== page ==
The end of the financial year is a busy time for anyone working in the finance industry. While your workload may increase drastically, it’s still important to pay attention to the details and make sure you’ve completed your compliance obligations. You may choose to hire someone to help you but you’re still ultimately responsible.
Fortunately, you still have a couple of months to get things in order. Taking action now, in the lead-up to 30 June, will make life far easier for you when it comes to crunch time.
We’ve put together a set of end of financial year compliance tips that will help you do your compliance the right way.
Start planning now to avoid being short of time later down the track. Of course, there’ll be some things that you need to still do now, but see if you can delegate them to anyone or even postpone them. If you can’t, then finish them as early as possible so you’re free to concentrate on your compliance.
You may also need information from other stakeholders, so it’s a good time to let them know sooner rather than later. You don’t want to be held up because you’re waiting on other departments to finalise their paperwork.
Other things you can do to get ahead of the crunch include:
It’s important that you’re aware of all the reporting deadlines for your business. These are so critical that it’s worth printing them out and sticking them somewhere you can see them regularly. They include:
Scheduling in these tasks well ahead of time will minimise your chance of being subject to compliance action or hit with a penalty.
Your compliance obligations will vary depending on whether you’re a small or large proprietary company or a public company.
A large proprietary company (one with over $25 million in turnover, $12.5 million in assets and/or 50 employees) must prepare and lodge a financial report and a directors’ report for each financial year. The accounts must be audited unless you have an exemption from the Australian Securities and Investments Commission (ASIC). Some small proprietary companies must also lodge a financial report, so check with ASIC or an expert if you’re unsure.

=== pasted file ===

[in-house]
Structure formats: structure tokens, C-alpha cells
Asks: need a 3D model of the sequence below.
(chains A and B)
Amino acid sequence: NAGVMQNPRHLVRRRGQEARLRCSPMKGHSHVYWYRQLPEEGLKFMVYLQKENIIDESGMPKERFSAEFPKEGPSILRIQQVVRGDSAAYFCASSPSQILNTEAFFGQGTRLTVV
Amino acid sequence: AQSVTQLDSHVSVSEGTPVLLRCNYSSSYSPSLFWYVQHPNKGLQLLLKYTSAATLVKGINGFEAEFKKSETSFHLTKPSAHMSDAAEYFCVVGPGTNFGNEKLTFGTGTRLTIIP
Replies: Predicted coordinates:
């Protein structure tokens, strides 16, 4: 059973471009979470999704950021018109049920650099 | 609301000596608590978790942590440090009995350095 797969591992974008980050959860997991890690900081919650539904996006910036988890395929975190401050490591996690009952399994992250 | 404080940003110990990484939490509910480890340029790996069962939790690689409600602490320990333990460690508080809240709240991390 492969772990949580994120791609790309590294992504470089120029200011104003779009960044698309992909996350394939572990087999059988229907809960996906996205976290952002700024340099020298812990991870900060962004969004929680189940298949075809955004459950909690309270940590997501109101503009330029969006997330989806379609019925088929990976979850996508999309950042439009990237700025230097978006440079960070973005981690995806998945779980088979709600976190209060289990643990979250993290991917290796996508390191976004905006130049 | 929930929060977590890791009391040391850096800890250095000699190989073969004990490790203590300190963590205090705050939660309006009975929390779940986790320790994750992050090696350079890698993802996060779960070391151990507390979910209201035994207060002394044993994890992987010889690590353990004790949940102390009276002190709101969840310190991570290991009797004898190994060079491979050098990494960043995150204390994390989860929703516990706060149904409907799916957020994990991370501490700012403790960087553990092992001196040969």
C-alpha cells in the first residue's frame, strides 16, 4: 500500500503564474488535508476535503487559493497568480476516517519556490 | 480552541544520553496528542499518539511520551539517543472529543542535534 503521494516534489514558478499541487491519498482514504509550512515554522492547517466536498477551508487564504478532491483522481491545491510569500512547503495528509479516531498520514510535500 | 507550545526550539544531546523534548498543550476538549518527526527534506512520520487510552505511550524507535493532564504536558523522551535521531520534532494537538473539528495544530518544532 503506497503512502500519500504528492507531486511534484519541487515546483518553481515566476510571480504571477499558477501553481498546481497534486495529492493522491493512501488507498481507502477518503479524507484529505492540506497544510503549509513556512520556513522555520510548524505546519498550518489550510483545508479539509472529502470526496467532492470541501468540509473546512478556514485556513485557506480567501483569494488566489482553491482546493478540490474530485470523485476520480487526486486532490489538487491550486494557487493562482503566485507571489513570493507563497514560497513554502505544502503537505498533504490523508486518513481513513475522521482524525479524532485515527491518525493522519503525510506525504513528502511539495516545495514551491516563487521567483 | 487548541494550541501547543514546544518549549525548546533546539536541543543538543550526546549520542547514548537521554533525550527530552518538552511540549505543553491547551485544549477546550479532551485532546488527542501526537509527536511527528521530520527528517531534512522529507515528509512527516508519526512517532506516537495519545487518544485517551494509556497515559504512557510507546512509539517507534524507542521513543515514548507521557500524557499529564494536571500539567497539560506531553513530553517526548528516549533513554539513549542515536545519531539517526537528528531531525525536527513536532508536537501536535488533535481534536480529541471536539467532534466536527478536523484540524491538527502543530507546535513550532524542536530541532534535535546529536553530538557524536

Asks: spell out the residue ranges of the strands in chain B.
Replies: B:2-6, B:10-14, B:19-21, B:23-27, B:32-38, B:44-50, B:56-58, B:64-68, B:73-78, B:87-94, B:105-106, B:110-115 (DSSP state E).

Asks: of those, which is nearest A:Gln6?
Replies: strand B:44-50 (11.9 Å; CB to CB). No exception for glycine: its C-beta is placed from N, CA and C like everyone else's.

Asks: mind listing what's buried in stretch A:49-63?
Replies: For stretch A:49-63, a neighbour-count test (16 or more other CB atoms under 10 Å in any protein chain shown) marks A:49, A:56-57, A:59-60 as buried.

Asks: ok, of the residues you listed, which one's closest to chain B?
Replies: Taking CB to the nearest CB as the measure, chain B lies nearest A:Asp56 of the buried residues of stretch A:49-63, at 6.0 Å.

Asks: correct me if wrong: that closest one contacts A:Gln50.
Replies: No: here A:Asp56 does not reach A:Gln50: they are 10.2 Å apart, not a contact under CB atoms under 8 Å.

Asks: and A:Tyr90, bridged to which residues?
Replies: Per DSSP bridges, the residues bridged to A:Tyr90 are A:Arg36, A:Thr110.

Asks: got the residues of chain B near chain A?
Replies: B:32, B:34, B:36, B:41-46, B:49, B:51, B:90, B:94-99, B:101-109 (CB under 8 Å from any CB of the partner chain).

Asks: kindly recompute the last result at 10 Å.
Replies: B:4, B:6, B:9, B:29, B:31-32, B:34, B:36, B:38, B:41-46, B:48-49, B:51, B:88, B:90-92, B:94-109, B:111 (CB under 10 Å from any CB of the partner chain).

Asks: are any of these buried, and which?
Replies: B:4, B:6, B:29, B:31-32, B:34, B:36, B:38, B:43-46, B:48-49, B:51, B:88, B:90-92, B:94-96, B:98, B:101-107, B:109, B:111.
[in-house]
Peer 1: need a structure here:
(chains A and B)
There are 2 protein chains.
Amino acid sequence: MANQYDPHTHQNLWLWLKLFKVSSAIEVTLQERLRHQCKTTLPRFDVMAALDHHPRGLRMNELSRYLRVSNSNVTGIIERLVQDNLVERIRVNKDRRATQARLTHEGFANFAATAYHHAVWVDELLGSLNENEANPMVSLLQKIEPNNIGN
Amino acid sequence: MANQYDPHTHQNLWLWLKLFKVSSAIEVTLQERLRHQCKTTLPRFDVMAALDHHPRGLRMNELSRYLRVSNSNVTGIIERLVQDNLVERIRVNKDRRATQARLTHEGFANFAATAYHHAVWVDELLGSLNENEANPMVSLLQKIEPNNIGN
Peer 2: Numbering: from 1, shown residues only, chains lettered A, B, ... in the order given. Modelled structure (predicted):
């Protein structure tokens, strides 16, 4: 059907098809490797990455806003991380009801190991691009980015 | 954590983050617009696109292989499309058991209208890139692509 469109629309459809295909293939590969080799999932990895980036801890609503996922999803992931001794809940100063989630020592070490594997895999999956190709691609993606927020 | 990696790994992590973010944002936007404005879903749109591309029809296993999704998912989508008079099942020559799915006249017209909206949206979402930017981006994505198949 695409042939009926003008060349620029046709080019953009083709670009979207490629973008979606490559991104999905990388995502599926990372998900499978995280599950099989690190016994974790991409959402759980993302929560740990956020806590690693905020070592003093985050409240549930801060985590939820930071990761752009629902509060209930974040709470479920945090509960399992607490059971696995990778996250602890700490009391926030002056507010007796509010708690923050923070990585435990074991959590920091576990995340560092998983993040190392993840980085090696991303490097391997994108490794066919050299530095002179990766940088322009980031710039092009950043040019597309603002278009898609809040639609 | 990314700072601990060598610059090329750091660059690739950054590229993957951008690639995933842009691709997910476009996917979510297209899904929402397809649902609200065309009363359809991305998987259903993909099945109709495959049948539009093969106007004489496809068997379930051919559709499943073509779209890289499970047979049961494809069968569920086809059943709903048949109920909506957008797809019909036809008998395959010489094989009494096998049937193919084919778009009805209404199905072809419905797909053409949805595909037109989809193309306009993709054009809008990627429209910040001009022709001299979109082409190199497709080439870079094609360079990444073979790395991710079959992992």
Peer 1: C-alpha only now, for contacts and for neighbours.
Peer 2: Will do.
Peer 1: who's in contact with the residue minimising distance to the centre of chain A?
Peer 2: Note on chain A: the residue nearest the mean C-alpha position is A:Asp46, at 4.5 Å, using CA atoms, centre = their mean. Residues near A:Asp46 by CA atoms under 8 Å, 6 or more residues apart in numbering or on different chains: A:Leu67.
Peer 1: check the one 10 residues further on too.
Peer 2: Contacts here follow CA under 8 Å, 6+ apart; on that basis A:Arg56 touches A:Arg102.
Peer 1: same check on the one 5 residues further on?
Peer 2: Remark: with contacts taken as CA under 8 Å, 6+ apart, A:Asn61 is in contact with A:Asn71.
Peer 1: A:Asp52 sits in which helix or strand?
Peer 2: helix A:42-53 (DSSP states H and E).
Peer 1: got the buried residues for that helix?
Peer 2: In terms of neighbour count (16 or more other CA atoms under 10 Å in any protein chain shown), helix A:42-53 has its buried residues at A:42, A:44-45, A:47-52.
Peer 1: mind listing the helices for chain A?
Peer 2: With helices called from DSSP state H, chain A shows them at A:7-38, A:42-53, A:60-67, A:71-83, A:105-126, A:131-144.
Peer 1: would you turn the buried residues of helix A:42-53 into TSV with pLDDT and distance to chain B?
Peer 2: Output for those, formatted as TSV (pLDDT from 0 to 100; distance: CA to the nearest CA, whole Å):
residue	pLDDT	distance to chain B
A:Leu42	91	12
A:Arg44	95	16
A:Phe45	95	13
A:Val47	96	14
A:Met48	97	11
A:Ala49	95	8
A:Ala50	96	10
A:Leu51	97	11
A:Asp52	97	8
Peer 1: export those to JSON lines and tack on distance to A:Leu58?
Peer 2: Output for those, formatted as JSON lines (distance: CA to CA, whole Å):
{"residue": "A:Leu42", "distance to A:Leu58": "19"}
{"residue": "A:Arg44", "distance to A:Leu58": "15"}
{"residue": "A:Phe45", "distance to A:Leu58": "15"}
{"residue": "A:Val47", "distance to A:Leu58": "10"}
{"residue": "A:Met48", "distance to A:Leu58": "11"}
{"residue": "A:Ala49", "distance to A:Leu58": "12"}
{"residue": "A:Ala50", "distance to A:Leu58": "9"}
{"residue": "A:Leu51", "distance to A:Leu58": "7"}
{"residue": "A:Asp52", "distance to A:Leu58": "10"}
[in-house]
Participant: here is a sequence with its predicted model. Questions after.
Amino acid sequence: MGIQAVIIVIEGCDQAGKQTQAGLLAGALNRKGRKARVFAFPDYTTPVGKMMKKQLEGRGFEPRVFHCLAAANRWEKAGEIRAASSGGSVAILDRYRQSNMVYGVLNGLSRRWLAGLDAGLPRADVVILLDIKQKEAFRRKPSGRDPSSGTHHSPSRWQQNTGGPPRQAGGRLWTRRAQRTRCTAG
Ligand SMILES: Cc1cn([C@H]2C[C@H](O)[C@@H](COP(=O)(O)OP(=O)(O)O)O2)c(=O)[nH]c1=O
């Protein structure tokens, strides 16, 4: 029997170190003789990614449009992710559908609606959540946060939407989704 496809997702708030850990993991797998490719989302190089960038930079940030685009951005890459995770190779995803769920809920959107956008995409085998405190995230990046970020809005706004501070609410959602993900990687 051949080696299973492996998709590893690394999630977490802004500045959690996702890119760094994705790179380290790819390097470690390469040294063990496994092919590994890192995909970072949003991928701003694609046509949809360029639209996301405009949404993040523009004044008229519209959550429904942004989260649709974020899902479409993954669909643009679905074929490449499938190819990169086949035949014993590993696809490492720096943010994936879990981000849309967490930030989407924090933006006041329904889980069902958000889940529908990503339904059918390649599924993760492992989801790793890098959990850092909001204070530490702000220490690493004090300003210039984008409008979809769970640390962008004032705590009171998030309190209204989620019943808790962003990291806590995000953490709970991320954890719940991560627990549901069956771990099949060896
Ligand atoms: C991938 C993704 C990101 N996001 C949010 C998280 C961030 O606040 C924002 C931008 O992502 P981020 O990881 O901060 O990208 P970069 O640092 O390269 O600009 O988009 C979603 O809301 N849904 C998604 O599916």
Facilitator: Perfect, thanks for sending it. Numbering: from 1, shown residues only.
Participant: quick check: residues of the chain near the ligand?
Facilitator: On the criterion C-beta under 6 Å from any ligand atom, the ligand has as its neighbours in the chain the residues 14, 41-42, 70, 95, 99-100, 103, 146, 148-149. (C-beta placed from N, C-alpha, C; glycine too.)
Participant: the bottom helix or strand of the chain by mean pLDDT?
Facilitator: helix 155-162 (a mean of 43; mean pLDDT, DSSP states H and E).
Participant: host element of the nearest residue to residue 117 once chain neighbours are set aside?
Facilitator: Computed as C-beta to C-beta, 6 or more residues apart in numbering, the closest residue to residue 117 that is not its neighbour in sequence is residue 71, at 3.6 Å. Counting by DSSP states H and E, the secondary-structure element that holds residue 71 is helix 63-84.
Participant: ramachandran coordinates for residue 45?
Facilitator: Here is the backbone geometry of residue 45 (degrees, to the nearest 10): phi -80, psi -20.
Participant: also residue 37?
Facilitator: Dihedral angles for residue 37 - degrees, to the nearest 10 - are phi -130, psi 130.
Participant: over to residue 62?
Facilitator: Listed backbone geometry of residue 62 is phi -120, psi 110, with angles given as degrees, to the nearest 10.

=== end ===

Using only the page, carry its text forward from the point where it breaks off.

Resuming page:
Disclosing entities and registered managed investment schemes must lodge their financial reports within three months of the end of the financial year, as opposed to four months for other companies.
Every business needs to prepare a profit and loss statement at the end of the financial year. This includes all income received during the year, as well as all the expenses you have incurred.
You can start preparing your profit and loss statement now, although you may need to use estimated figures for some items. This will make your task faster at 30 June, when you can just revise the figures rather than starting from scratch.
Your expenses may include:
On 9 May 2017, the Federal Government extended the instant asset write-off provision for small businesses. If your turnover is less than $10 million, you can deduct the full cost of most depreciating assets in the year that they were bought. This only applies until 30 June 2018 and includes assets that cost $20,000 or less.
If your business buys or sells stock, you may need to do a stocktake as part of your end of financial year compliance. This applies if your business has an annual income of over $10 million, or your turnover is under $10 million but your inventory level has changed by more than $5,000 since the end of the 2017 financial year. In the latter case, a reasonable estimate will do.
The tax laws change every year, so once the rush of this year’s company compliance is over, schedule in time to make sure you’re across any changes. You may need to alter how your records are kept or make sure you understand the new company compliance regulations. If you understand upcoming changes now, you can get ahead of the game and be set up for the next financial year.
If you need help with your end of financial year compliance, get in touch with CCASA. We specialise in company compliance and will be able to give you advice on your obligations or take the load off your shoulders so you can focus on helping your clients and running a great business.
This information is general in nature and we recommend that you seek legal and/or accounting advice to make the best decisions for your business.